The Family of God

Text: Matthew 10:34-42

Grace, mercy, and peace to each of you from our Lord and Saviour Jesus Christ. Amen.

Today in our Gospel reading Jesus said these words: “I have come to set a man against his father, and a daughter against her mother, and a daughter-in-law against her mother-in-law. And a person’s enemies will be those of his own household. Whoever loves father or mother more than me is not worthy of me, and whoever loves son or daughter more than me is not worthy of me.”

Those are kind of hard words to hear. They aren’t the kind of words we’d expect to hear from Jesus. We would probably expect to hear something a little more family friendly from Jesus than this. When we think of Christianity and the teaching of Jesus family values are probably a big part of that in our minds. Shouldn’t Jesus be telling us to love our family no matter what? Shouldn’t He be reminding us that family comes first? Shouldn’t He tell us that the most important thing is that we stick together as family and stand up for one another?

That’s what we want to hear Jesus say about family and other places in the Bible do say things kind of like that, but Jesus says something very different in our Gospel today. “I have come to divide,” Jesus says. “I will divide children against their parents and parents against their children. Your enemies will be the people in your own house. If you love your family more than me you are not worthy of me.” Wow, that is some serious stuff. What could Jesus be getting at here?

Jesus is not advocating family disruption or violence, He is not encouraging you to hate you family or even asking you to leave your family. He is, however, asking you to think about who your real family is.

We have a picture frame in our living room hanging over our couch. It’s one of those collage kinds of picture frames that you put a bunch of different pictures in. It’s filled with pictures from various stages of the growth of our family. We have wedding pictures in there, baby pictures, baptism pictures, pictures from fun times together, and there is always the potential for new pictures to make their way in. We still have to get a picture of Olivia in there. Every once and a while, as I am wandering around our living room I look up and admire the pictures with a certain sense of pride at the family I have been blessed with.

At my parents’ house they have something similar. On top of the piano in their living room there are many pictures of relatives far and wide. Pictures of my siblings, grandparents, nieces, aunts and uncles, cousins, and many more. Again, when I visit I end up there at the piano at least once admiring the family photos.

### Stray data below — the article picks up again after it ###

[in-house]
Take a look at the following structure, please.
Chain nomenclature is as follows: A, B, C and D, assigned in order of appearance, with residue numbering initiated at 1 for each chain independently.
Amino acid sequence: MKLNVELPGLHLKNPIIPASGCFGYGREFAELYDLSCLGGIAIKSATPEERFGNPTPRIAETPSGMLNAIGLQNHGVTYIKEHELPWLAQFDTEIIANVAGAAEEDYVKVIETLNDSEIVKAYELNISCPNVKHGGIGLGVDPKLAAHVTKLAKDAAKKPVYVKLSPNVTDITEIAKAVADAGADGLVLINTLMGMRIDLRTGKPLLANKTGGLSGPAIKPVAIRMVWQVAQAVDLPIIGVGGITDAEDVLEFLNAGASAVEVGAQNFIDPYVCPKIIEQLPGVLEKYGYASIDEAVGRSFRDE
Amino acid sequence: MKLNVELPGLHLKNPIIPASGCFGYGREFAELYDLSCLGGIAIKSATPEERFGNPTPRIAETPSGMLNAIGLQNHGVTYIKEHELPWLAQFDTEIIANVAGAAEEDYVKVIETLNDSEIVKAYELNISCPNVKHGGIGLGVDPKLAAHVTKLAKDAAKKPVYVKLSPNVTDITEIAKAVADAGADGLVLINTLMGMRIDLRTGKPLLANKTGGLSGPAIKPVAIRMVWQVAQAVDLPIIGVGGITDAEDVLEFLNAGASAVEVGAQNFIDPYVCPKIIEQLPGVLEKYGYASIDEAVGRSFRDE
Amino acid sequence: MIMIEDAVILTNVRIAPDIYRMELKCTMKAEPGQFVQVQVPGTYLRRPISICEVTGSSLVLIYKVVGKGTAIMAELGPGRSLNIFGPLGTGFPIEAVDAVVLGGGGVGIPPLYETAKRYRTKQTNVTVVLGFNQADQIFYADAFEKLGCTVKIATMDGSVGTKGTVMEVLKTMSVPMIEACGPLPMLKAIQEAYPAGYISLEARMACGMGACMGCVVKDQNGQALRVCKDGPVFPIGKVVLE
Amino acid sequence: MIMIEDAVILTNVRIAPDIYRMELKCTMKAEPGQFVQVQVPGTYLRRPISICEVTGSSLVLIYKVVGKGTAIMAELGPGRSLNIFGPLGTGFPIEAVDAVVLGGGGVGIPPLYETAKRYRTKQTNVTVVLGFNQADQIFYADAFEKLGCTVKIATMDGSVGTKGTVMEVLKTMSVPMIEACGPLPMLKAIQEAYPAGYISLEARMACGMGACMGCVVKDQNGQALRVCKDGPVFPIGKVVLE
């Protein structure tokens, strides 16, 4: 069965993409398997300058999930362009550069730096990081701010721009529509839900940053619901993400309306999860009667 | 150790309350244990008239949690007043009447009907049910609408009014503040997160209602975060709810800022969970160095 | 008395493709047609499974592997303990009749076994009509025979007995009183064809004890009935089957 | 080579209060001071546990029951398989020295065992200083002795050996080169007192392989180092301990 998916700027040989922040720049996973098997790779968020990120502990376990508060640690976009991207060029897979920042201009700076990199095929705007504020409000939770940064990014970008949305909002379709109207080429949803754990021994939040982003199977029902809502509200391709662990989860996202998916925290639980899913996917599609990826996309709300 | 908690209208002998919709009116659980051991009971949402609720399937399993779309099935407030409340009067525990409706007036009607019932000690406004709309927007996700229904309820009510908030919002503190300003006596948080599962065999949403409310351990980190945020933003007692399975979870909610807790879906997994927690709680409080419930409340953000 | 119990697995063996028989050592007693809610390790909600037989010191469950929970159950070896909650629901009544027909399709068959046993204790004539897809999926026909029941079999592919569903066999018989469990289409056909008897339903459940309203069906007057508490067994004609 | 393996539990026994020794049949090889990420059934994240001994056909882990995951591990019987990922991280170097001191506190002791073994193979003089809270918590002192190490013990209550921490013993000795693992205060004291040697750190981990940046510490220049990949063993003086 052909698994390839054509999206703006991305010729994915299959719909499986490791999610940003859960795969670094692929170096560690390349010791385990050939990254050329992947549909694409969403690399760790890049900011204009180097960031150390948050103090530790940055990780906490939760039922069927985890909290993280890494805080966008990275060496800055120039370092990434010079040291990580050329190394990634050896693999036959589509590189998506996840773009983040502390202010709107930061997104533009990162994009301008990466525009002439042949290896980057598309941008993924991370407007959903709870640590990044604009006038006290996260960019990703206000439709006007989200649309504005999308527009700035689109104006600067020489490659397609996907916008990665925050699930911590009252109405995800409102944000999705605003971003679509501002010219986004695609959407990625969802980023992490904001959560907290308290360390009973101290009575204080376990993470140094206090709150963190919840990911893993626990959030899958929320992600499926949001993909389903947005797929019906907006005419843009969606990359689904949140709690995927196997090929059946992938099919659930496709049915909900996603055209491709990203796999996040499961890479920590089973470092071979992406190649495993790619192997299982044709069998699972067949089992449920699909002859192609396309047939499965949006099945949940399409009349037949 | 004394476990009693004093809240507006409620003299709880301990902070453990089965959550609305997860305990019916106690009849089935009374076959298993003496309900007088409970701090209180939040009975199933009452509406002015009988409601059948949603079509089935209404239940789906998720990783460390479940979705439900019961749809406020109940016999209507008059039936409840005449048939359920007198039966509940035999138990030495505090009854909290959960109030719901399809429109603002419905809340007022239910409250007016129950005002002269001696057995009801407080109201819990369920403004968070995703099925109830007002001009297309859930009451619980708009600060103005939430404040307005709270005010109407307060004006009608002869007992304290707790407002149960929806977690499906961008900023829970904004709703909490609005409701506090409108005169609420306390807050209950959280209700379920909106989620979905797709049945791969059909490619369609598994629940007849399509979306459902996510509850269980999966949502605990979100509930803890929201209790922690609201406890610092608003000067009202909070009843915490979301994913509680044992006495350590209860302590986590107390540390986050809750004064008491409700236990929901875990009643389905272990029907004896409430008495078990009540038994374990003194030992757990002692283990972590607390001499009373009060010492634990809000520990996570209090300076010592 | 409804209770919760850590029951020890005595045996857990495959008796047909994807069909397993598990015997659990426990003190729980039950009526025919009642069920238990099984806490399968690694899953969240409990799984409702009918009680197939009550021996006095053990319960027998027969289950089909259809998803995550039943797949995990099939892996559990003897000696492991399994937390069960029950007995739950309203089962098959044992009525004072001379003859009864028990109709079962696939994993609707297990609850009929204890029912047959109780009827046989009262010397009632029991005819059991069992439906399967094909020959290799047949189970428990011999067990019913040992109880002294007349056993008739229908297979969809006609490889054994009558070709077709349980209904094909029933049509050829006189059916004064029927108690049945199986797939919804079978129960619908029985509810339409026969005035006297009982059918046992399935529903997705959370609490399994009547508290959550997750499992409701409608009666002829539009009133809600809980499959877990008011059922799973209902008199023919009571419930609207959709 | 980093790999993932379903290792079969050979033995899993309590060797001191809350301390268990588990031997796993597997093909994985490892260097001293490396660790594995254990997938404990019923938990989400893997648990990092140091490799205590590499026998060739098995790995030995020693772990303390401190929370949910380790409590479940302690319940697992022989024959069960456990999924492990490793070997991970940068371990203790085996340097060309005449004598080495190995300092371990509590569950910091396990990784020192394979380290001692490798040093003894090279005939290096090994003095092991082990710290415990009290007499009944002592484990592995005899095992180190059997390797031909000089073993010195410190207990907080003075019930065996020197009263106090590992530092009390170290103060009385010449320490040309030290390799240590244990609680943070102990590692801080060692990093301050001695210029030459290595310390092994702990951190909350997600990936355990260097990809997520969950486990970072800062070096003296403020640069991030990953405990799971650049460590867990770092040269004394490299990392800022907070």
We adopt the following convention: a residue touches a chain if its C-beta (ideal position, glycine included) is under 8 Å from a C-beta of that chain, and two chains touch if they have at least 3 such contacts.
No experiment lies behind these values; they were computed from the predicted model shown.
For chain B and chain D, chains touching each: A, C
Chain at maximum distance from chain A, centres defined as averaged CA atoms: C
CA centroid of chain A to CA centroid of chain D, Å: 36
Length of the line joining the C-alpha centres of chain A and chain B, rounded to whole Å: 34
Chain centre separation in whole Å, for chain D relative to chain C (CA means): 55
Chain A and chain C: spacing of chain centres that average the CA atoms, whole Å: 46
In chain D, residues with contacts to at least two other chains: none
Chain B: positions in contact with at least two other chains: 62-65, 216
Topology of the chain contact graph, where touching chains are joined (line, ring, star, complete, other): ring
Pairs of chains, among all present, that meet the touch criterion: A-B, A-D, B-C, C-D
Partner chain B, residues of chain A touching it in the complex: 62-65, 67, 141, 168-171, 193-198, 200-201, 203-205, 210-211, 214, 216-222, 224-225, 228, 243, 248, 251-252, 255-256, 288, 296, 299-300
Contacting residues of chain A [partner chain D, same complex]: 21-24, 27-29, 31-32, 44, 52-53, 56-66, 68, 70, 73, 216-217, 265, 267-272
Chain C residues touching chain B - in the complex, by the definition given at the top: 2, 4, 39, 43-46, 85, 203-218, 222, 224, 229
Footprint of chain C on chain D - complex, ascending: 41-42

I talked to someone not so long ago that doesn’t really have that much family. No children, no living relatives. Not many people whose picture would hang on his wall. This man was not discouraged by this, however, because he had different pictures to hang on his wall. He told me he has a large collection of icons. Icons are pictures of saints, Christians who have died in the faith many of them who did remarkable things in the name of Jesus. This man has these icons, these pictures of saints, hanging on his walls at home. He told me, “They are my family.”

That is a profound thing to say and it is not far off from what Jesus is asking us to think about in our gospel reading today. As Jesus says this stuff about a person’s enemies being the people in his or her own family He is challenging us to see that our brothers and sisters in Christ, our fellow Christians, our fellow saints are our true family.

A little bit later in the gospel of Matthew, in chapter 12, we see this reality play out very clearly in Jesus’ own life. Jesus was sitting in a house teaching people and answering questions from people like the scribes and Pharisees one day when His mother Mary and His brothers came looking for Him. They had heard some of the things that Jesus had said and had heard about some of the things that He had been doing and they had concluded that He was out of His mind. They came to the house that day to collect Him and take Him home to Nazareth. When word reached Jesus that His mother and brothers were outside the house looking for Him Jesus responded, “Who is my mother, and who are my brothers?” He look around the room where He was sitting and looked at all the people gathered there listening to His words and He said, “Here are my mother and bothers! Whoever does the will of my Father in heaven is my brother and sister and mother.”